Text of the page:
Whether we are talking about pre-Christian or post-Christian paganism, the task of the Catholic is always the same: to bear witness to Jesus Christ. The question is: how?
In the New Testament, different approaches to pre-Christian paganism are evident. Paganism is a search, but it is a search hampered by confusion about the goal, about how to reach the goal, and about even desiring the goal. In short, it is a search for the happiness who is God that is befogged by concupiscence: the disordered appetites, weakened will and darkened mind that result from original sin.
That is why Paul’s language so readily shifts from sounding, at times, as though paganism is a human delusion to saying it is the worship of devils to saying it is a thing shot through with what the Church would later call “seeds of the Word”: hints of revelation from God himself.
Here, for instance, is Paul addressing the Lycaonians after they have tried to worship him as a god in the wake of his miraculously healing one of their number:
Men, why are you doing this? We also are men, of like nature with you, and bring you good news, that you should turn from these vain things to a living God who made the heaven and the earth and the sea and all that is in them. In past generations he allowed all the nations to walk in their own ways; yet he did not leave himself without witness, for he did good and gave you from heaven rains and fruitful seasons, satisfying your hearts with food and gladness.” (Acts 14:15-17)
Notice how Paul sees the many-sidedness of pre-Christian paganism. Pagans are, at once, devoted to “vain things” ranging from lifeless idols to devils. Yet they are also “not without witness”. Paul will say the same thing to the worshippers of the Unknown God in Acts 17, even quoting their own poets as though they are some sort of quasi-inspired writers. So, on the one hand, the pagans are “feeling” for God. They desire him and are searching for him. But they are also commanded to repent because the “times of ignorance” are over with the coming of Christ.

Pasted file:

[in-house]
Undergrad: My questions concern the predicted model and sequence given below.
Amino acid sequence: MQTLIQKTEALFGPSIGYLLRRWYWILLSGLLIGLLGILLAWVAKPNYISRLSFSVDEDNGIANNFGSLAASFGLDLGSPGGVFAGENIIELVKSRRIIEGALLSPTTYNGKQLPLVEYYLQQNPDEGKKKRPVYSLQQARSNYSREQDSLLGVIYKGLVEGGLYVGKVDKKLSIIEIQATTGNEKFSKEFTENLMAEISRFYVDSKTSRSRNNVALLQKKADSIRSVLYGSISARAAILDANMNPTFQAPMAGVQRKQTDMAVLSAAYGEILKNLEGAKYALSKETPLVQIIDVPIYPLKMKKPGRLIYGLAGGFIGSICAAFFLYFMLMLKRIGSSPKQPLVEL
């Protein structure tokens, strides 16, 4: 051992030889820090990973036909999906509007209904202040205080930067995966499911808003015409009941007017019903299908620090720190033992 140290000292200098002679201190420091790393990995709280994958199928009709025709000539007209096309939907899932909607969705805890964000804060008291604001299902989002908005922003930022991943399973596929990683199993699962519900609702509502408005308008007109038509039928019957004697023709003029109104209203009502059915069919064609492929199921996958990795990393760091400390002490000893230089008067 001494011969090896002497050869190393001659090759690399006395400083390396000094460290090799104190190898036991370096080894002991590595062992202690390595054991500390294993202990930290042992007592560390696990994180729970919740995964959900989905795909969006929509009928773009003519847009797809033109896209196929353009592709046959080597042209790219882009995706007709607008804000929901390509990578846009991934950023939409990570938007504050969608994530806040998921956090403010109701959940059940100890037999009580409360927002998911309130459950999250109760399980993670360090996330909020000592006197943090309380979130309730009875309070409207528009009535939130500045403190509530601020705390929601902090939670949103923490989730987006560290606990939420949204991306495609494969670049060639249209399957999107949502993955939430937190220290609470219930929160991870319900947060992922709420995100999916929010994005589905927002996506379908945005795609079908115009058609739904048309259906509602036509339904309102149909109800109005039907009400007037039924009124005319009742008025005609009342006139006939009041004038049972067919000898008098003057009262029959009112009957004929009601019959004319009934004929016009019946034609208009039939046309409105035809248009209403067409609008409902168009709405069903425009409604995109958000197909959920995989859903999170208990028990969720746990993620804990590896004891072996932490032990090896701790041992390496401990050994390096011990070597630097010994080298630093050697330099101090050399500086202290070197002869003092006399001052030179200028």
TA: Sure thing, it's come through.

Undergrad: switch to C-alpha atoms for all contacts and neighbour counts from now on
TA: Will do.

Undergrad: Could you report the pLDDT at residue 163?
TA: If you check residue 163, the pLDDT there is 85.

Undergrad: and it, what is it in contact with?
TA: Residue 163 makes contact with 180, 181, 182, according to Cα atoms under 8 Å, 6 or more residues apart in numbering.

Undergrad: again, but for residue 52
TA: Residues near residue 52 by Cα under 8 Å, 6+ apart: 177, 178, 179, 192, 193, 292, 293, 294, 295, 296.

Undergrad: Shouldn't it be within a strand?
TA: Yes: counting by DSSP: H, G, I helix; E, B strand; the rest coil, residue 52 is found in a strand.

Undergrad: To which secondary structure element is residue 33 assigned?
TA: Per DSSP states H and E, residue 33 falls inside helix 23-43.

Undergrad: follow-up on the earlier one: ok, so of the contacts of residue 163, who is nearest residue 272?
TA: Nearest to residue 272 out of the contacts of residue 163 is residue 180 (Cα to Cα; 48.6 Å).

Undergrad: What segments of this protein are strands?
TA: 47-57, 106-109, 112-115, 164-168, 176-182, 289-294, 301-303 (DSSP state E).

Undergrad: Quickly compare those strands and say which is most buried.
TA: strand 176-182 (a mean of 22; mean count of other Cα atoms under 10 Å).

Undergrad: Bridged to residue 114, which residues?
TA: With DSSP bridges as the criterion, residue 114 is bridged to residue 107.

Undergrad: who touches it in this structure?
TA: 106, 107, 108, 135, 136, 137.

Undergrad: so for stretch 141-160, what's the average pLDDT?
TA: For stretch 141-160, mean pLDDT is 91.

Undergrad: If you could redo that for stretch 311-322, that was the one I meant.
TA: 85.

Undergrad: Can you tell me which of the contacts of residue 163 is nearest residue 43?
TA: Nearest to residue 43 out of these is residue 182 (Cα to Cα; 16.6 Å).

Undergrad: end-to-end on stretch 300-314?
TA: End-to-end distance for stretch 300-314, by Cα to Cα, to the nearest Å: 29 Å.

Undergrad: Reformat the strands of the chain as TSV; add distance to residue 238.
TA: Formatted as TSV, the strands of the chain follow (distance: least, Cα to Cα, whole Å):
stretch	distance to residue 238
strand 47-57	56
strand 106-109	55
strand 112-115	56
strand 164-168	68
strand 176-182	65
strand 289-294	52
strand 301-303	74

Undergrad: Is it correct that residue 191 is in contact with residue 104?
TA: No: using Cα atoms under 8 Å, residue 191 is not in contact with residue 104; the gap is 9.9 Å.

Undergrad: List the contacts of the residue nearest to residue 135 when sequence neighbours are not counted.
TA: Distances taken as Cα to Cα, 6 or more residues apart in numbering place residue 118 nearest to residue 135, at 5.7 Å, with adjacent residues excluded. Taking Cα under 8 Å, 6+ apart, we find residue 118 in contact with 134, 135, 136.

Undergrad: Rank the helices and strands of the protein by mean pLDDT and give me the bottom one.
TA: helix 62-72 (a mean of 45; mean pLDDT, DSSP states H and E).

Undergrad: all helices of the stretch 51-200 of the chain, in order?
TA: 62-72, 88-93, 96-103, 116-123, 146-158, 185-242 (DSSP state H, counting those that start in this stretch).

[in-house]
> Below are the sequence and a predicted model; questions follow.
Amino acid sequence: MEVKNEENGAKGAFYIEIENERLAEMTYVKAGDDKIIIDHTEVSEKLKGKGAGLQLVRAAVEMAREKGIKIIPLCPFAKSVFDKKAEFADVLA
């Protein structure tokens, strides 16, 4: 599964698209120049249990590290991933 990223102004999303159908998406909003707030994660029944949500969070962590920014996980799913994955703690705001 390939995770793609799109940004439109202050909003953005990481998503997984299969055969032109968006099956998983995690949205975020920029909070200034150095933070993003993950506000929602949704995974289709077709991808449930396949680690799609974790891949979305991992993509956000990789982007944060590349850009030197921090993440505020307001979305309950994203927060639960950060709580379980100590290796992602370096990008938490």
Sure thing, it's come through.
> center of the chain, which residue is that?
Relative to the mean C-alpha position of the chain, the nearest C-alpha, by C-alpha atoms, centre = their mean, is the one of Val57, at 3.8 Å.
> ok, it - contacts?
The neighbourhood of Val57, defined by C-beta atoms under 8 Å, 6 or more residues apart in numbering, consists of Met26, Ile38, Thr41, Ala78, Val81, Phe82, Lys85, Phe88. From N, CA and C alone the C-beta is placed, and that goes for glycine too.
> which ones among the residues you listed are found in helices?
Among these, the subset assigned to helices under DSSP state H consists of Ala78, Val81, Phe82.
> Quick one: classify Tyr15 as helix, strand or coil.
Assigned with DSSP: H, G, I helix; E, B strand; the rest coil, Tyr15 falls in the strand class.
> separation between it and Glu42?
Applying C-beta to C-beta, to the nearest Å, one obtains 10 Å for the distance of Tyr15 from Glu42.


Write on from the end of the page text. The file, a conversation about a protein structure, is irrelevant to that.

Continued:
Of what are they supposed to repent? Paul’s diagnosis is unequivocal:
The wrath of God is revealed from heaven against all ungodliness and wickedness of men who by their wickedness suppress the truth. For what can be known about God is plain to them, because God has shown it to them. Ever since the creation of the world his invisible nature, namely, his eternal power and deity, has been clearly perceived in the things that have been made. So they are without excuse; for although they knew God they did not honor him as God or give thanks to him, but they became futile in their thinking and their senseless minds were darkened. Claiming to be wise, they became fools, and exchanged the glory of the immortal God for images resembling mortal man or birds or animals or reptiles. (Romans 1:18-23)
If the essence of paganism is a search, its central blunder is this: it ignorantly worships the creature instead of the Creator. For us moderns, ignorance is always exculpatory. In the New Testament it sometimes is, but not always. Jesus cries out on behalf of the pagan soldiers who are driving nails through his hands and feet: “Father, forgive them; for they know not what they do” (Luke 24:34). But Paul also tells us that pagans are “darkened in their understanding, alienated from the life of God because of the ignorance that is in them, due to their hardness of heart” (Ephesians 4:18). In other words, Paul recognizes that sometimes we are ignorant because we have chosen to be ignorant. Concupiscence darkens the intellect.
This brings us back to the distinction between pre- and post-Christian paganism. Pre-Christian paganism often is a search for God that results in repentance and the response to grace. In post-Christian paganism, we face something different: the deliberate search for something besides God and the attempt to return to the worship of the creature instead of the Creator. That places the error far more deeply in the will than in the intellect.
The impulse to worship the creature seldom expresses itself these days in the crude forms of pagan antiquity. There aren’t too many statue worshippers out there. But paganism is still as diverse as it was 2000 years ago, and in many ways, it is now more resistant to the antibiotic of the gospel. Catholics who wish to speak to it intelligently must therefore take it on a person-by-person basis and never try to treat it as a blanket ideology. As Pope John Paul II says, “Man and woman are the road the Church must walk.”